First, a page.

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Nootropics Are Your Brain’s New Best Friend – Here’s Why

Beauty and skincare products used to be all about the surface — that is, using ingredients solely to help skin or hair look its best. While looking good will always be at the forefront of an industry that’s built on the foundation of beauty, recently beauty and wellness have started to collide. This has resulted in new products popping up that are more about feeling good and performing optimally from the inside out rather than just the outside in.

Enter nootropics, also known as brain boosters or “smart drugs,” which are plant-based or synthetic ingredients that can improve cognitive function, memory, attention, creativity, and even boost mood and reduce feelings of anxiety. When your brain and body feel calm, those benefits translate to your skin, just as the reverse is true (we’re look at you, stress acne).  

The word nootropic roughly translates from the Greek phrase “to bend or shape the mind.” After the last few years, it’s probably safe to assume that everyone’s mind could use a little beneficial shaping.

What Are Nootropics?

The name may be new to you, but you’ve already had experience with nootropics if you’ve ever had a cup of coffee to boost your brain power before a meeting; caffeine is one of the most widely consumed nootropics. Other common ingredients that fall into this category include L-theanine, which is found in green tea, ginseng, fish oil, and even resveratrol (one of the reasons red wine is often said to be good for you). Some adaptogens, like lion’s mane mushroom, ashwagandha, and Rhodiola rosea are also nootropics, meaning they help the body adapt to stress while also improving cognitive function and mood. Ginkgo biloba and creatine are two other popular herbal supplements that fall into this category.

Why Am I Hearing About Nootropics Now?

In a culture obsessed with disrupting everything from the hotel industry to maps, it makes sense that the disruption would eventually turn to optimizing our own brains. After all, who wouldn’t do what they can to feel just a little better, a bit more productive, and calmer and more energetic? Turns out, nootropics can help with that.

While many nootropics are ancient remedies, their recent resurgence can be partially traced to biohackers, a broad term referring to people who are trying to “hack” their own biology whether that be by intermittent fasting, adding MCT oil to their coffee, cold plunging, or taking nootropics. While biohacking may immediately bring to mind images of a Silicon Valley-meets-Gwyneth Paltrow type, there is legitimacy to the science (still, it’s best to skip the Yoni eggs).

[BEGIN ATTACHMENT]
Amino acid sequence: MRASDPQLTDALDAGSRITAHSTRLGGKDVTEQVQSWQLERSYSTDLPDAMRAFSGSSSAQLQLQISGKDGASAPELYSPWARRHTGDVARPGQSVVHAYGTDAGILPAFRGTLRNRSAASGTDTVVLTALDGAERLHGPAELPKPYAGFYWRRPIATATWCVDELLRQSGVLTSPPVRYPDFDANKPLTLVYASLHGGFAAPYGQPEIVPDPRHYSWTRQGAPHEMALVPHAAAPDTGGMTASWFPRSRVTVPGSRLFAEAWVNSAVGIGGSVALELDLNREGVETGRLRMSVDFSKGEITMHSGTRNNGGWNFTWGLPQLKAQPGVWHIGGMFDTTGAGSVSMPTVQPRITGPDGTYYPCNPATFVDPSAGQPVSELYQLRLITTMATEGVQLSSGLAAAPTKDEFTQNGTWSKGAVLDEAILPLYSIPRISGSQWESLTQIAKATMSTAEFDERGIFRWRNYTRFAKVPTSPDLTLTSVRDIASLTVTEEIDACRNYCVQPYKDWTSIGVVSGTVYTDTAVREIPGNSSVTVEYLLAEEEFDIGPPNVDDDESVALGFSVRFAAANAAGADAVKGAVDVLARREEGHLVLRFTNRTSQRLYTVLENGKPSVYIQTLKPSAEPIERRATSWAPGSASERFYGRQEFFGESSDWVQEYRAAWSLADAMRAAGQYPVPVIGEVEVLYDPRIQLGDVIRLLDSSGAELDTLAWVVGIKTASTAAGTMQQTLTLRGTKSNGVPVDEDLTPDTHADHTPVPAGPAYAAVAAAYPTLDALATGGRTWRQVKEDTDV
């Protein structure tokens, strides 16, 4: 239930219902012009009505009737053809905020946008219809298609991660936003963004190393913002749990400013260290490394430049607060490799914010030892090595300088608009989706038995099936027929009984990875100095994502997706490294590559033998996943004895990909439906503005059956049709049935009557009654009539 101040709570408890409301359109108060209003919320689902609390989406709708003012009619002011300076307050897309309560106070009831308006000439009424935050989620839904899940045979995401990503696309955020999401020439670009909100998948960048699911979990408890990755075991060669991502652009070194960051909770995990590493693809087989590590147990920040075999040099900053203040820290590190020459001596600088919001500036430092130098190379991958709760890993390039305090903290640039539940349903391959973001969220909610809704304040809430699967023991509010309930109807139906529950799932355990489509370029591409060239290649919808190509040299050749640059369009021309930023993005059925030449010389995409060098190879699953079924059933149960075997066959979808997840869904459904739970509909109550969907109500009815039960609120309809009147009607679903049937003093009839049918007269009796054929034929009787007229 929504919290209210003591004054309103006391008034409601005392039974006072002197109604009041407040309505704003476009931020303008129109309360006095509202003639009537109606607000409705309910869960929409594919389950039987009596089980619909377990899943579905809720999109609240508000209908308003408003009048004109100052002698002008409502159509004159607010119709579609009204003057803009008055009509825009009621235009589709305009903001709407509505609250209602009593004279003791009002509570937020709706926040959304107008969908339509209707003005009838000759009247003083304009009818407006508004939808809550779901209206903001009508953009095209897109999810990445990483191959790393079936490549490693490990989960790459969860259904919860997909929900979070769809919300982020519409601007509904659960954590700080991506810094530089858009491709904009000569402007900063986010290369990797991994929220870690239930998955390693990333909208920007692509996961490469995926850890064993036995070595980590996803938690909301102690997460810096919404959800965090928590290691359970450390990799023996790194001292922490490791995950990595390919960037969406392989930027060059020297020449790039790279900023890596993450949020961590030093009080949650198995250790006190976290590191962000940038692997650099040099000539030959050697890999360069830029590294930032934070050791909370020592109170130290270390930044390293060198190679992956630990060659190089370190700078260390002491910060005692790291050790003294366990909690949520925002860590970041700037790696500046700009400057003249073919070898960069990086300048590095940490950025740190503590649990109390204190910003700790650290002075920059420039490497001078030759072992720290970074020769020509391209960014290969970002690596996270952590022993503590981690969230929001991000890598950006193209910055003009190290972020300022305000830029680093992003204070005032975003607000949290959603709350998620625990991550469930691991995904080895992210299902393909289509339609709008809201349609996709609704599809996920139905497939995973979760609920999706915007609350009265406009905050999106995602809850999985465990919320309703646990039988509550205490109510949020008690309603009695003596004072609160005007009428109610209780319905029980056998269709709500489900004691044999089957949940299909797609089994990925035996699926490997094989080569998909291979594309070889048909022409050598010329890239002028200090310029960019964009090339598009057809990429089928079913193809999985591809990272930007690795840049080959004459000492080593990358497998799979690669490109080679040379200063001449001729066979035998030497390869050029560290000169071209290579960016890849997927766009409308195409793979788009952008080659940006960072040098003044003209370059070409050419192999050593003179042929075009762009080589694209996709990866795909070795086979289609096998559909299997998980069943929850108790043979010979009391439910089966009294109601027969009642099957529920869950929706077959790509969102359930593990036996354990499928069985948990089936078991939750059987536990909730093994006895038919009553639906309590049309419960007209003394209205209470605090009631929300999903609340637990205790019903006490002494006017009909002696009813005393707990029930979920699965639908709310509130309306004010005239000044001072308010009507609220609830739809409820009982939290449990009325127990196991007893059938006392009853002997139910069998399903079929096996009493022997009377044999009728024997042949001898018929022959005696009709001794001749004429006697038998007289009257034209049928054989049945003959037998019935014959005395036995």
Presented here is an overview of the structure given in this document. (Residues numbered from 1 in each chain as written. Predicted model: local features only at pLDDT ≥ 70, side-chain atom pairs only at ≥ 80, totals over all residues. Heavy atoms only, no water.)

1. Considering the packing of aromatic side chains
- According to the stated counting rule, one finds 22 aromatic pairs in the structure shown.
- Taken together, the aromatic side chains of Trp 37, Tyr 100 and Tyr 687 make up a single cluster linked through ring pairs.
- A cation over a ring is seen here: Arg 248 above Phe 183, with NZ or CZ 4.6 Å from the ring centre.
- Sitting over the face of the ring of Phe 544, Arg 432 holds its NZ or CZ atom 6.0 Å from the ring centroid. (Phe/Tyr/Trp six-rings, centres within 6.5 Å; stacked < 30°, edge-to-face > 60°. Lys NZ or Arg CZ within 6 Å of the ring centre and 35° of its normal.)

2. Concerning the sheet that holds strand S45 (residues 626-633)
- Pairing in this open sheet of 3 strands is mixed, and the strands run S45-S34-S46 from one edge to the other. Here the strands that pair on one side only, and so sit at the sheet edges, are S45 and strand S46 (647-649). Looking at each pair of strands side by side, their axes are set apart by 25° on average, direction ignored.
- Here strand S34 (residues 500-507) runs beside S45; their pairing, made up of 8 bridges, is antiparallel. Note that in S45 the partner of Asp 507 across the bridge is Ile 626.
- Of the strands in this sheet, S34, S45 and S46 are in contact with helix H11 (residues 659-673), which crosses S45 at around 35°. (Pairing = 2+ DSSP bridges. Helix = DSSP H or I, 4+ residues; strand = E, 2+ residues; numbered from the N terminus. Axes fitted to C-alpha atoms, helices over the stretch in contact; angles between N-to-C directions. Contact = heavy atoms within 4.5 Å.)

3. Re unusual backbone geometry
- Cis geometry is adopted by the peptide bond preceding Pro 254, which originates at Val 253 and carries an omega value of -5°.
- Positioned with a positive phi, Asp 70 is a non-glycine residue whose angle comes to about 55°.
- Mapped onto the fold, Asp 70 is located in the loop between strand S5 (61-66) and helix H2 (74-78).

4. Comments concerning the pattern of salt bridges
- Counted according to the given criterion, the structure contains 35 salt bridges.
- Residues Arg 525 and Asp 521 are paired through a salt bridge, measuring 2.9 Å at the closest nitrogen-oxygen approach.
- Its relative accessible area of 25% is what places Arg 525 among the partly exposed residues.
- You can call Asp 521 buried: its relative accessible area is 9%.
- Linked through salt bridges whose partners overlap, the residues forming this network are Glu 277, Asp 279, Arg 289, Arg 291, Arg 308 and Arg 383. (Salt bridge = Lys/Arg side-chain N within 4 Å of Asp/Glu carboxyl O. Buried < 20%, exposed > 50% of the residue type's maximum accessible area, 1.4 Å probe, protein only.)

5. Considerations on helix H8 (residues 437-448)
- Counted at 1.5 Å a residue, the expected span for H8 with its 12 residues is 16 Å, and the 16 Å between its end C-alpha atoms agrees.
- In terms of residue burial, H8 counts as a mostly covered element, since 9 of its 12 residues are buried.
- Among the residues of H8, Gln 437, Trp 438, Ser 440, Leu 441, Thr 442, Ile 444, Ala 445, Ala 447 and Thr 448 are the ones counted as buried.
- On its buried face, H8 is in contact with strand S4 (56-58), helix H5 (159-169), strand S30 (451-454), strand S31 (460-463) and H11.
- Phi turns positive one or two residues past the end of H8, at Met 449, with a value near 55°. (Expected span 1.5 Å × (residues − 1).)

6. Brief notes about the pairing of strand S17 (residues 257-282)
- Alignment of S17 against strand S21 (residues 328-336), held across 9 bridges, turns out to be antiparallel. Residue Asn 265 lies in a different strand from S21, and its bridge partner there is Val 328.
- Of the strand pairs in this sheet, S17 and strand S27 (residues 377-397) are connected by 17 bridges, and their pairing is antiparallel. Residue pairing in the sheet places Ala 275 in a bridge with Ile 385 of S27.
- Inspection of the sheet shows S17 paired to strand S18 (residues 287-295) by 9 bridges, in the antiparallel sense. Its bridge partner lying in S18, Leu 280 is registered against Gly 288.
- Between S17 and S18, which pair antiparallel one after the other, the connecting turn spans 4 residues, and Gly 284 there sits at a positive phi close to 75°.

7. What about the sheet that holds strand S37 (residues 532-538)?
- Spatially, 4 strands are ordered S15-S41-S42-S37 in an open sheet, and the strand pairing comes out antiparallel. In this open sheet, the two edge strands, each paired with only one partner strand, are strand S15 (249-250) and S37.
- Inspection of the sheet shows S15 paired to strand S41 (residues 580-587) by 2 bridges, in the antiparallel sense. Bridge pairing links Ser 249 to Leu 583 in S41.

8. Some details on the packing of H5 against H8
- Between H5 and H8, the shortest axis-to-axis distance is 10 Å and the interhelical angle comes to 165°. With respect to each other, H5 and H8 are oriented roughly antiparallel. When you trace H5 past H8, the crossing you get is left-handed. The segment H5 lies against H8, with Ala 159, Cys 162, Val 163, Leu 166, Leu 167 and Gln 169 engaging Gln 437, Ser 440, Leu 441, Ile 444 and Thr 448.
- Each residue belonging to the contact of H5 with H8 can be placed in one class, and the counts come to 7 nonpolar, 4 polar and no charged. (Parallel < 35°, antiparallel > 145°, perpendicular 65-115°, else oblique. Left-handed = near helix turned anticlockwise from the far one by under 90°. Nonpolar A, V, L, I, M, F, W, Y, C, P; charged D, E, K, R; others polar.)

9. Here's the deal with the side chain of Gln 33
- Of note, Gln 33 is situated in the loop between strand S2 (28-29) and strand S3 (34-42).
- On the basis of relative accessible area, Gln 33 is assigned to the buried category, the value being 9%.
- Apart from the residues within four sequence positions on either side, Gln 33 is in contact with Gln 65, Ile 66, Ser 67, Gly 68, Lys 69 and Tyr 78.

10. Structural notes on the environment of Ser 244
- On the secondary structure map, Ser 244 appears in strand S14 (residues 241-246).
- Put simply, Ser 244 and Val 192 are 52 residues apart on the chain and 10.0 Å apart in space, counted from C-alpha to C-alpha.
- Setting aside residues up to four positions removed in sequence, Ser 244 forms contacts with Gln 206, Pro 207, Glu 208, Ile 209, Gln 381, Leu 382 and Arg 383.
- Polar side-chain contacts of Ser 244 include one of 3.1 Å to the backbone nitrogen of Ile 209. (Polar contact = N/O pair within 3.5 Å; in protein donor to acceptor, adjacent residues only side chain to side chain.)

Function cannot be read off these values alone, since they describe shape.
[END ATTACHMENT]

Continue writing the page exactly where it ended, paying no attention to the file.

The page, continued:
Depending on the type of plant, nootropics work in the brain in different ways to enhance cognitive performance and regulate mood. Today, everyone from college students to busy parents are turning to nootropics to feel calmer and more focused.

What Are the Benefits of Nootropics?

Like most vitamins or medications, the benefits of nootropics will depend on which one you’re taking and why. A few specific ways studies have shown nootropics can promote brain function are:  

  • Caffeine has the magical ability to make you more alert

  • L-theanine helps with a sustained, calm focus

  • Resveratrol carries blood to the brain

  • Ginkgo biloba promotes memory by protecting the brain from damage and boosting blood circulation

  • Ashwagandha contributes to improved cognitive function and stress reduction

  • Lion’s mane mushrooms promote brain cell growth

  • Rhodiola rosea improves your mood and memory

  • Kanna (also known as Zembrin®)can improve cognitive functioning and flexibility, or the ability to switch between tasks and ideas with ease.

Do Nootropics Balance Hormones?

Yes, nootropics can also help to balance and regulate hormone levels when taken regularly. Several hormones, including cortisol, luteinizing hormone, and oxytocin, are created in the pituitary gland in the brain and so it makes sense that nootropics, which work on the brain, could have a positive effect.

But even hormones that are created in other areas of the body, like the ovaries, still receive signals from the brain. Simply put, if you give the brain a boost, the rest of the body reaps the benefits. (On the flipside, if your hormones are out of balance, it’s common to experience brain fog and other mood and cognitive issues.)

Before you start downing nootropics however, it’s important to know what you’re consuming and where they are coming from. “I do not recommend people buy on Amazon. You've got to know your dealer, right?” says Dr. Gabrielle Francis, naturopathic doctor and Veracity advisor. She adds that many vitamins and products available online could be counterfeit. If you’re taking a supplement (as opposed to say drinking coffee or red wine) make sure it’s from a trusted brand. It also never hurts to consult your doctor before adding a bunch of new supplements to your health regimen.

Not only does life today seem more stressful than before, but there are also ever-increasing demands on our brains. While there is no easy fix to our modern lives, in this one instance, the solution may be just as simple as adding a supplement to your diet and getting a little brain boost to help you handle it all.

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